You already know a strategic plan is a key component in your business strategy. It helps you envision the future and work out the steps you’ll take to get there. Strategic planning also allows you to anticipate challenges and opportunities that will arise along the way, which makes your business ready to adapt to changing circumstances. Today’s business environment makes it almost imperative for firms to be nimble, so a strategic plan is vital to maintaining your competitive edge.
Despite all of that, many people remain convinced strategic planning is just another corporate buzzword, another exercise in ineffective business leadership that allows everyone to feel like they’ve contributed to the company’s future. Strategic planning has real-world impacts, however. In fact, it could save your business both time and money.
A Long and Winding Road?
A business’s future development should not be a surprise to anyone in the business. Yes, certain unforeseen circumstances might crop up from time to time, but, overall, the business should have a roadmap to where it’s going. That means you shouldn’t be caught by surprise by almost any opportunity or challenge that appears along the road.
A strategic plan is like your roadmap. You began by choosing your destination. Then you plotted your course. Chances are you didn’t pick a long and winding road to get from point A to point B, however. In fact, you likely picked what seemed to be the most direct route to get your business where it needs to be. By focusing your progress, your business is less likely to take wasteful and distracting “detours” or end up miles from where you want to be. That saves time and money.
Everyone Is on the Same Page
Another great thing about a strategic plan is that everyone and anyone can refer to it, at any time. That means all of your employees have a good idea of the business’s direction; they’re all aware of the goals the business wants to attain.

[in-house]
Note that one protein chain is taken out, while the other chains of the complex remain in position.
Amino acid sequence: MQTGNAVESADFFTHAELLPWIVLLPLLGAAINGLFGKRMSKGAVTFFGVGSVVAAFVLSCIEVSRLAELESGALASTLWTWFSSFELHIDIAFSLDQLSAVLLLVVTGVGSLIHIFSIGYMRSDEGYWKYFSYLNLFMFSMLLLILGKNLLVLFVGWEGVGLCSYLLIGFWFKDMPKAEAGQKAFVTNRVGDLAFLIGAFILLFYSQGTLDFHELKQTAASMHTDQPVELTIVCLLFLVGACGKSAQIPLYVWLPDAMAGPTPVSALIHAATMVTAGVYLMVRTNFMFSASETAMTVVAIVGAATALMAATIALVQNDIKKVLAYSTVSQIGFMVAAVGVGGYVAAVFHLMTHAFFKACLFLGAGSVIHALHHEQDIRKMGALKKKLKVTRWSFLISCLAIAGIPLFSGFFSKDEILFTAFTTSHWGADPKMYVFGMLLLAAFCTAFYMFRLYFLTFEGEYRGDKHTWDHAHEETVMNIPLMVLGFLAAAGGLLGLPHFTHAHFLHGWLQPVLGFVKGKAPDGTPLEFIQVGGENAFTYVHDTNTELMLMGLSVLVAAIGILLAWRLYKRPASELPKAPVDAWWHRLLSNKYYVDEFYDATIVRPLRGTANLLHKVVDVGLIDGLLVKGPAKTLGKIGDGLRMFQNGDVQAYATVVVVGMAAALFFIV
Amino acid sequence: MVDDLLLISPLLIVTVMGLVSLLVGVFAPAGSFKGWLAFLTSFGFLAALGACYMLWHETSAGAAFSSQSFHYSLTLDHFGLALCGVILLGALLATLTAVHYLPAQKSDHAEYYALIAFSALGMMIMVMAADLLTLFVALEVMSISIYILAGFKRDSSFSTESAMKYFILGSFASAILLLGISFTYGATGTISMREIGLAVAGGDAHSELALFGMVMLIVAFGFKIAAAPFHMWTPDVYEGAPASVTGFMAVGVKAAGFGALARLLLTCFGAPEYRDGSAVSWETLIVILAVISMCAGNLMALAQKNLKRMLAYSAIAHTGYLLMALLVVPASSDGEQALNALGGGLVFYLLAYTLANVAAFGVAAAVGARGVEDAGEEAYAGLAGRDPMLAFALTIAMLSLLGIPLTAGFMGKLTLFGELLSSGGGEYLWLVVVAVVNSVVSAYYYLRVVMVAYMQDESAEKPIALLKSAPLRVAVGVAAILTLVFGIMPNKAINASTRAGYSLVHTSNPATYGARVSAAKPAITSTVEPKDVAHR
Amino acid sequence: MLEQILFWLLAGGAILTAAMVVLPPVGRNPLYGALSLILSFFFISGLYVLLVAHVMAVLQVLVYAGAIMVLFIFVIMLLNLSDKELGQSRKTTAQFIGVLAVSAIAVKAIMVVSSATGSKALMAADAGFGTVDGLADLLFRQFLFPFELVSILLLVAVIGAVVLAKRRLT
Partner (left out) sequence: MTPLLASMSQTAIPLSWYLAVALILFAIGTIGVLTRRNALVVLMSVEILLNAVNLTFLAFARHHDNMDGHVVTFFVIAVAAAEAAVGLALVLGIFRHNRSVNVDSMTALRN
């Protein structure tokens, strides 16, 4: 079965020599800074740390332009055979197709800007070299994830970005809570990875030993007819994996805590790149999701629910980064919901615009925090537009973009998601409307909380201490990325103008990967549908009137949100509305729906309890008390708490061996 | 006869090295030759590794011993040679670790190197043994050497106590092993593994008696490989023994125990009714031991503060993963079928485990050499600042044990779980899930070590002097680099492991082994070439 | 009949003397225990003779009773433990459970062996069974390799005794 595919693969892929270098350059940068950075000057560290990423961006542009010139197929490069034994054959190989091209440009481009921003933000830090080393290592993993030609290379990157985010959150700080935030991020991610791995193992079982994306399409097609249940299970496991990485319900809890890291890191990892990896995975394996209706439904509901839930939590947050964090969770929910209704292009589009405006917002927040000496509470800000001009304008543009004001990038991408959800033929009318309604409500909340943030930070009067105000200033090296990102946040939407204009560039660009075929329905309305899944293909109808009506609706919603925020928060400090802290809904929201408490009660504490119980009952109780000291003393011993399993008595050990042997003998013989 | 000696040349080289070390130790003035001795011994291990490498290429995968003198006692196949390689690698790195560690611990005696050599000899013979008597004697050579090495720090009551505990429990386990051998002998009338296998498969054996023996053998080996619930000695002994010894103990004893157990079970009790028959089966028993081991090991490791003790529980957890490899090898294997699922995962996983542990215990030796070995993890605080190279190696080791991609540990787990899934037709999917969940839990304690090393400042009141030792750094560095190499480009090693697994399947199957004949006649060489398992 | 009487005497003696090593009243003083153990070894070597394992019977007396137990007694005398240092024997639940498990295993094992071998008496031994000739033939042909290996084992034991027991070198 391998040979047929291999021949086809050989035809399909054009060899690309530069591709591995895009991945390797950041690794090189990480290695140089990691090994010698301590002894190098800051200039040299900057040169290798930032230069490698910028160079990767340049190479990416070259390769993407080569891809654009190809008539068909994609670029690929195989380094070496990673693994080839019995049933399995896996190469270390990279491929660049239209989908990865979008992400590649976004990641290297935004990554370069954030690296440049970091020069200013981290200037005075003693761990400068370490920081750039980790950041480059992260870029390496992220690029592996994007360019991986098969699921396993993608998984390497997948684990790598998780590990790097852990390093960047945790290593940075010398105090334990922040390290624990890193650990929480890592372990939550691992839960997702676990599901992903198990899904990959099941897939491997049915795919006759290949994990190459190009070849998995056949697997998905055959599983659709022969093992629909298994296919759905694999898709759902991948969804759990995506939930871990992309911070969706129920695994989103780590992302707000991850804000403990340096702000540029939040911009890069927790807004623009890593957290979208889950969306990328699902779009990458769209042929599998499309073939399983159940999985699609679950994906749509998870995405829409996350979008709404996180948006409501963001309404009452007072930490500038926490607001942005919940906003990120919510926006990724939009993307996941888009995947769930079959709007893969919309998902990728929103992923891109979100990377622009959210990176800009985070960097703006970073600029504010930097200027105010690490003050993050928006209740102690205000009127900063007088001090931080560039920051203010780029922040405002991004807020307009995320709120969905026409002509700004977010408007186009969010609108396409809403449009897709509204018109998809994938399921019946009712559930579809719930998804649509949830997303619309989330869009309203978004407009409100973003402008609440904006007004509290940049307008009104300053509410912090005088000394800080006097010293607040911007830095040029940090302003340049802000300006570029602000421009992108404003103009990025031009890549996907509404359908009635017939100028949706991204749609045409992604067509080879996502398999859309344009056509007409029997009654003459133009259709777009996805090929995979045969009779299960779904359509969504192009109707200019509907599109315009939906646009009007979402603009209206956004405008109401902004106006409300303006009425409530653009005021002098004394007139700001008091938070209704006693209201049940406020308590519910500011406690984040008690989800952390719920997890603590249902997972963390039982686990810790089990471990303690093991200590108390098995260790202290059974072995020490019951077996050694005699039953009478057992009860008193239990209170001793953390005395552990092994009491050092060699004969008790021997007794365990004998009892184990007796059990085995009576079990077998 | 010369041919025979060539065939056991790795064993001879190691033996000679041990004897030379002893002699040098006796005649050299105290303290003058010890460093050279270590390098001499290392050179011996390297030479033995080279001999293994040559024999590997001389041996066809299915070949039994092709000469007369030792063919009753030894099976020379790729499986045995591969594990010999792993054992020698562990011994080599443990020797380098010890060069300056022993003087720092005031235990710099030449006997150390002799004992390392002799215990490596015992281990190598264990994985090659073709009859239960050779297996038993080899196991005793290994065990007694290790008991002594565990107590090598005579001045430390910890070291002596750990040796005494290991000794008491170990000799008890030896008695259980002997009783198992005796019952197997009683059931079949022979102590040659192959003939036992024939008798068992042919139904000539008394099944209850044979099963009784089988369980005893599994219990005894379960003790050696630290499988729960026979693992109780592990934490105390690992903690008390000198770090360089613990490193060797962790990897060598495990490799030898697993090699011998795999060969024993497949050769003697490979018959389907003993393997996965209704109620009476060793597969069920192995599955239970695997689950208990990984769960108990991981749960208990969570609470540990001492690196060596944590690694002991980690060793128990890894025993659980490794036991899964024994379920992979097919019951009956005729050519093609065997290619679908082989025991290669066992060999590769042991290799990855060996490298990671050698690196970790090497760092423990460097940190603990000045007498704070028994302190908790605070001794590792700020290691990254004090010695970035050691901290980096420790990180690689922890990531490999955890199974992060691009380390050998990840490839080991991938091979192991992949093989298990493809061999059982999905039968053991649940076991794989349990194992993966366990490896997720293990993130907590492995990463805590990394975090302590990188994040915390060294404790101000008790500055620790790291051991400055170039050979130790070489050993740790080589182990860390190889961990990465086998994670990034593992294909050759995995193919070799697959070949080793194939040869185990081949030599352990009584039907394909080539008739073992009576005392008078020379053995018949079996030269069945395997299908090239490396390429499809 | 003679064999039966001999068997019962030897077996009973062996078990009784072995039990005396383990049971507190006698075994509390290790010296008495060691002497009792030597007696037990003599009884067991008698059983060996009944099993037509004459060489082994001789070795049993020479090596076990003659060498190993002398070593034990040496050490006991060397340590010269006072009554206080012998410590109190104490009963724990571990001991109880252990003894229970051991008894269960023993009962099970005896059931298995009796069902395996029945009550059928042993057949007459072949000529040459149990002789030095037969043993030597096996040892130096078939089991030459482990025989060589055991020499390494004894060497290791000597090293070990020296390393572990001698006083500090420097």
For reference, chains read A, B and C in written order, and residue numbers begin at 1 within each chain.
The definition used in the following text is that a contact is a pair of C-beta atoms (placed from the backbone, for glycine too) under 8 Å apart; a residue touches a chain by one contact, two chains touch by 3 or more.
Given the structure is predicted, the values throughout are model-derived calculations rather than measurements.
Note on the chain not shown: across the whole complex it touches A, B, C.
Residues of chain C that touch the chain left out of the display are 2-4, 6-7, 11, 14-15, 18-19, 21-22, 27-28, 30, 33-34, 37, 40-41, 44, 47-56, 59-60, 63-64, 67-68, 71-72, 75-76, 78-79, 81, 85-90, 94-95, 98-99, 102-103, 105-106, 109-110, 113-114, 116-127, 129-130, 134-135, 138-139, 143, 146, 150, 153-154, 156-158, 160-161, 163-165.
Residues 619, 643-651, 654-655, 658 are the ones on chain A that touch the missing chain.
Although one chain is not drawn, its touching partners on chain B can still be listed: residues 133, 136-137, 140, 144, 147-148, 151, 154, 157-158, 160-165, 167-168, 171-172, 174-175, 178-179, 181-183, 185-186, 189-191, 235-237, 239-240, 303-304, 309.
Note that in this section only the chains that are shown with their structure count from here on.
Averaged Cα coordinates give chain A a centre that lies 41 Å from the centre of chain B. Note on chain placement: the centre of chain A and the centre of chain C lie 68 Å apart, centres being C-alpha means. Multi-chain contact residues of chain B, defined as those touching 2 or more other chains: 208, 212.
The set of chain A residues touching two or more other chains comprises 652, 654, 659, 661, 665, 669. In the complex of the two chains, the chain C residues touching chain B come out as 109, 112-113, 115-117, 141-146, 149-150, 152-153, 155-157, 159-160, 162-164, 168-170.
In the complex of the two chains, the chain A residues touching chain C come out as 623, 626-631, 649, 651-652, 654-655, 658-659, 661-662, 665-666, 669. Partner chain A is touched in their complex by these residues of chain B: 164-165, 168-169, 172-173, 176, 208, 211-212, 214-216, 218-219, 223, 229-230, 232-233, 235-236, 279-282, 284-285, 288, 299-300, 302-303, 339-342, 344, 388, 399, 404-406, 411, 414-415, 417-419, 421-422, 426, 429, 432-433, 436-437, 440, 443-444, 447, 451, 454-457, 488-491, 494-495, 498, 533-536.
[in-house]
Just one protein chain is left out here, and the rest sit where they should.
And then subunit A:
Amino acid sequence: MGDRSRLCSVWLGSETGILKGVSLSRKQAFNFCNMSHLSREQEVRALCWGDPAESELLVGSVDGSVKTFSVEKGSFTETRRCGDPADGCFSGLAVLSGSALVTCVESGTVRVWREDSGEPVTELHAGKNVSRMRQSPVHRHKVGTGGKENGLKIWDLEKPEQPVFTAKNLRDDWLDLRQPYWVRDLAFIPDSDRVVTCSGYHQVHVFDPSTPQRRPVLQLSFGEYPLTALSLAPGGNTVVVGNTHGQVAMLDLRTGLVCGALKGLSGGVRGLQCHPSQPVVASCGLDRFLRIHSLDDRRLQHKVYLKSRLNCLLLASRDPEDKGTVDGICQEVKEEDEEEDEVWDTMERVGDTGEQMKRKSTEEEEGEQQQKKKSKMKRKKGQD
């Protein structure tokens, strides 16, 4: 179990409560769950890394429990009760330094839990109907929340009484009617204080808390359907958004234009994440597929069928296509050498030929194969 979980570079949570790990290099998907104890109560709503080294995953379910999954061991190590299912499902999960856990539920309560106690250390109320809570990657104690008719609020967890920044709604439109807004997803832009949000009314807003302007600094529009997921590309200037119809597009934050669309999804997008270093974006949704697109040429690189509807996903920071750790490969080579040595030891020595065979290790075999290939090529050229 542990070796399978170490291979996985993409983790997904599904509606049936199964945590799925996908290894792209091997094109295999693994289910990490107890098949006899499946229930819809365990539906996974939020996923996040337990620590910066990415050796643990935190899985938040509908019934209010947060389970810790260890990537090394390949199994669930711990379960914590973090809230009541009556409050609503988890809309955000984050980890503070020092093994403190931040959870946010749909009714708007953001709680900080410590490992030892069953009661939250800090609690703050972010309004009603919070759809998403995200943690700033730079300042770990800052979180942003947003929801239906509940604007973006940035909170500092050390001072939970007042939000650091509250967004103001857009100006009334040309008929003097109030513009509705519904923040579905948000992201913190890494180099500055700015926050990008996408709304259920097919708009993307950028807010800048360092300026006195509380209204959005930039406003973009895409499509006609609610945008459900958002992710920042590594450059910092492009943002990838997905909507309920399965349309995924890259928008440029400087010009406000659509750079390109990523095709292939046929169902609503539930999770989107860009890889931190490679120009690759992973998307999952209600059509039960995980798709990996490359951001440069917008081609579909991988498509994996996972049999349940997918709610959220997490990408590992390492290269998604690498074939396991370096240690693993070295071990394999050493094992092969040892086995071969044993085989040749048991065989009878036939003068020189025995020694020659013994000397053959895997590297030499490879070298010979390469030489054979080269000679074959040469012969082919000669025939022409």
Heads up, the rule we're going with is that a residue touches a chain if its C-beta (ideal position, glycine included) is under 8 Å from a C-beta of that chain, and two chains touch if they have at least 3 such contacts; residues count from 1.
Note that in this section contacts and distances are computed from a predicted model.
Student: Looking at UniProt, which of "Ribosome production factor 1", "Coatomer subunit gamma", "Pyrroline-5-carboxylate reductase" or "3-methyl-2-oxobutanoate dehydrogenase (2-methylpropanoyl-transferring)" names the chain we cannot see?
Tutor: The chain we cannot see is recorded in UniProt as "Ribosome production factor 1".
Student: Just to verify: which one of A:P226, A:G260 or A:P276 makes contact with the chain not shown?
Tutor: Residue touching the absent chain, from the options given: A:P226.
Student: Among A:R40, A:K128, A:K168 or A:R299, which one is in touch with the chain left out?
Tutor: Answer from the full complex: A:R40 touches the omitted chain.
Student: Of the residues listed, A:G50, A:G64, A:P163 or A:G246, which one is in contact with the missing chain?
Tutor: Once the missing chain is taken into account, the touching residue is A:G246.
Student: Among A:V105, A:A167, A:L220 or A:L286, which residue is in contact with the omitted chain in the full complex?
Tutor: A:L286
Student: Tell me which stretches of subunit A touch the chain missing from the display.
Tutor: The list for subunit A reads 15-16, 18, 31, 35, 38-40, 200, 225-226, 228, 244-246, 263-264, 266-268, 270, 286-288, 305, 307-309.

Stemming from that, strategic plans help businesses clarify roles and responsibilities for employees. That means different departments and divisions know how they fit into the overall strategic plan and what role they will play in meeting the goals laid out in the plan. That knowledge can then be further divided to give each individual player a better sense of his or her role in the company.
With a sense of direction and purpose, your employees are more likely to know both where they’re going and what they need to do. Furthermore, they’re likely going to be more motivated to deliver their very best work! Your people are your most important asset, and motivated, productive employees are key to saving time and money.
Cut the Fat
Strategic planning can help businesses envision not only the future, but the business’s current capabilities, capacities, strengths, and weaknesses. This can present opportunities for business leaders to imagine where they could improve what the business is currently doing or where they could revise to minimize weaknesses.
Perhaps, for example, it becomes apparent an underinvestment in customer service has led to customers switching companies. Further analysis might reveal that call center service isn’t making use of the latest technological advances to deliver superior service. That could mean you revisit both the IT budget and the customer service budget in order to ensure both teams have the resources to upgrade service.
That might sound like it costs more at first, but by integrating customer service and IT, you’ll improve capabilities and capacities, deliver better customer service, and probably reduce duplication of work between the two departments. That saves both time and money.